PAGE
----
LITTLE ROCK, Ark. (AP) — A federal appeals court on Friday prevented Arkansas from enforcing restrictions on how the abortion pill is administered while Planned Parenthood asks the nation’s highest court to review a ruling in favor of the law.
A three-judge panel of the 8th U.S. Circuit Court of Appeals granted a request by Planned Parenthood Great Plains to not allow an earlier ruling in favor of the restrictions to take effect yet. The restrictions are part of a 2015 law that requires doctors who provide the abortion pill to maintain a contract with another physician who has admitting privileges at a hospital and agrees to handle any complications.
The organization said it planned to petition the U.S. Supreme Court to review the case. The court did not elaborate on its reason for the stay in its one-page order.
“Act 577 would impose medically unnecessary and senseless restrictions on access to abortion, creating undue burdens for women in the state,” Aaron Samulcek, interim president and chief executive officer of Planned Parenthood Great Plains, said in a statement. “As we march forward to seek review in the U.S. Supreme Court, we stand by the countless Arkansans who will continue accessing expert, compassionate health care at our health centers in Fayetteville and Little Rock.”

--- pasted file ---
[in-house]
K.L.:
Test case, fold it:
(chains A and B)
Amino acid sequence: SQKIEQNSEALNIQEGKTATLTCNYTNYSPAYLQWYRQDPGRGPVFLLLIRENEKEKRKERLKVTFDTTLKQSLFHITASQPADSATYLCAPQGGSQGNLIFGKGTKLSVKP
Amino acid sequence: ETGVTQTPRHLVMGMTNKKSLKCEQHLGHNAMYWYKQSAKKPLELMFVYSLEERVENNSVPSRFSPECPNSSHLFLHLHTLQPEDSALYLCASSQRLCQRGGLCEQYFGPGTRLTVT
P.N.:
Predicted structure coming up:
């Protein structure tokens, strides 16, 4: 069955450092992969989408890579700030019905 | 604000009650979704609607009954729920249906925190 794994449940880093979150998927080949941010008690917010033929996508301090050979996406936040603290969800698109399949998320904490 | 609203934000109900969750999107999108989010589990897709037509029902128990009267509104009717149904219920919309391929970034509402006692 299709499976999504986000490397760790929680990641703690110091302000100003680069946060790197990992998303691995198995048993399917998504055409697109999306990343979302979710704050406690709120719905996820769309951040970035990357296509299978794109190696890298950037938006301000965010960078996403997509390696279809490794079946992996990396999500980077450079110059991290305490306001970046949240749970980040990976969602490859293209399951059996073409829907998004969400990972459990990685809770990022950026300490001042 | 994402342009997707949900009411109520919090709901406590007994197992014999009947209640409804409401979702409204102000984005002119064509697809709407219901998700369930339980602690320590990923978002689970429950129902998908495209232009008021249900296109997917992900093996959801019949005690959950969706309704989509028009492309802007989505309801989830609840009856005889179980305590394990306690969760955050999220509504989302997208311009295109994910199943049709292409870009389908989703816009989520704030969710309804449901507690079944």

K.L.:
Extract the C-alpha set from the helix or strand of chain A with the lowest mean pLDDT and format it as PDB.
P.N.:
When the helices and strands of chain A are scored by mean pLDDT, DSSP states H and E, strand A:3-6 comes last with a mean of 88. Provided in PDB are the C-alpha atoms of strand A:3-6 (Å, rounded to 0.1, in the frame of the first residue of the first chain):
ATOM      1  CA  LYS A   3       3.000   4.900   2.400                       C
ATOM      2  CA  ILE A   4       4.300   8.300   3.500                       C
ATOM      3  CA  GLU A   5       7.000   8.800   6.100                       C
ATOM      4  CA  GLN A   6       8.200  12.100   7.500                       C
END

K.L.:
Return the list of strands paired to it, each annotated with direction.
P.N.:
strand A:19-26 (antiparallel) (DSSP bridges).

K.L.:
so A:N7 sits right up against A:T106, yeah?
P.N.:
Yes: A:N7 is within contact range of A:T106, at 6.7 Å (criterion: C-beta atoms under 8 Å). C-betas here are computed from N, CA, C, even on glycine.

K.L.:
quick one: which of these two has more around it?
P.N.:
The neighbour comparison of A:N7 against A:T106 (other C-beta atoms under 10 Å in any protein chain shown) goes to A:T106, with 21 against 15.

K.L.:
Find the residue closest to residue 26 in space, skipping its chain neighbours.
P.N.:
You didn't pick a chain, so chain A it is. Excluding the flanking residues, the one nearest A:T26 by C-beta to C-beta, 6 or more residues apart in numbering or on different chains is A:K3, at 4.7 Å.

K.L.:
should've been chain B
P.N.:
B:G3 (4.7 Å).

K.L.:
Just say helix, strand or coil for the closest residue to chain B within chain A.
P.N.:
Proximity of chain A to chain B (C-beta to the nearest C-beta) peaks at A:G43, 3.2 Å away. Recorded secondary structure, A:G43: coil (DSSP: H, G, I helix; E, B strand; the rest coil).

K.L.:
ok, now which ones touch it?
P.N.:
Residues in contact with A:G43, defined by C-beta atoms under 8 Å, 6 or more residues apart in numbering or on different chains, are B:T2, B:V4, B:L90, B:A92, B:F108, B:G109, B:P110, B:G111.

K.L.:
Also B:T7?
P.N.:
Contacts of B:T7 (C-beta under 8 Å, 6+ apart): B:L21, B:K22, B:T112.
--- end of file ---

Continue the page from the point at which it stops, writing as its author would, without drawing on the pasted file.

The three-judge panel of the appeals court in July lifted a preliminary injunction that a federal judge had issued against the law. The panel sent the case back to U.S. District Judge Kristine Baker and said the judge should look into the number of women who would be unduly burdened by the requirement and whether it amounts to a “large fraction” of women seeking the abortion pill in Arkansas. The appeals court said last month it would not reconsider the panel’s decision.
Planned Parenthood has said it would no longer be able to offer the abortion pill at its Little Rock and Fayetteville health centers if the law takes effect. Surgical abortions are not performed at those centers.
The organization said a third facility — Little Rock Family Planning, which offers the abortion pill but is not run by Planned Parenthood — also would not be able to comply with the requirement under the law. That facility does offer surgical abortions.
Seven other states have similar restrictions requiring agreements with local hospitals, according to the Guttmacher Institute, a national research group that supports abortion rights. In Arkansas, the state has argued the restrictions are needed to protect women’s health.
“It is unfortunate that Planned Parenthood continues to fight reasonable, common sense health and safety regulations to ensure that medication abortions are conducted in a safe manner,” Judd Deere, a spokesman for Attorney General Leslie Rutledge, said in an email. “Attorney General Rutledge will continue to defend this law and urge the Supreme Court of the United States to reject certiorari.”
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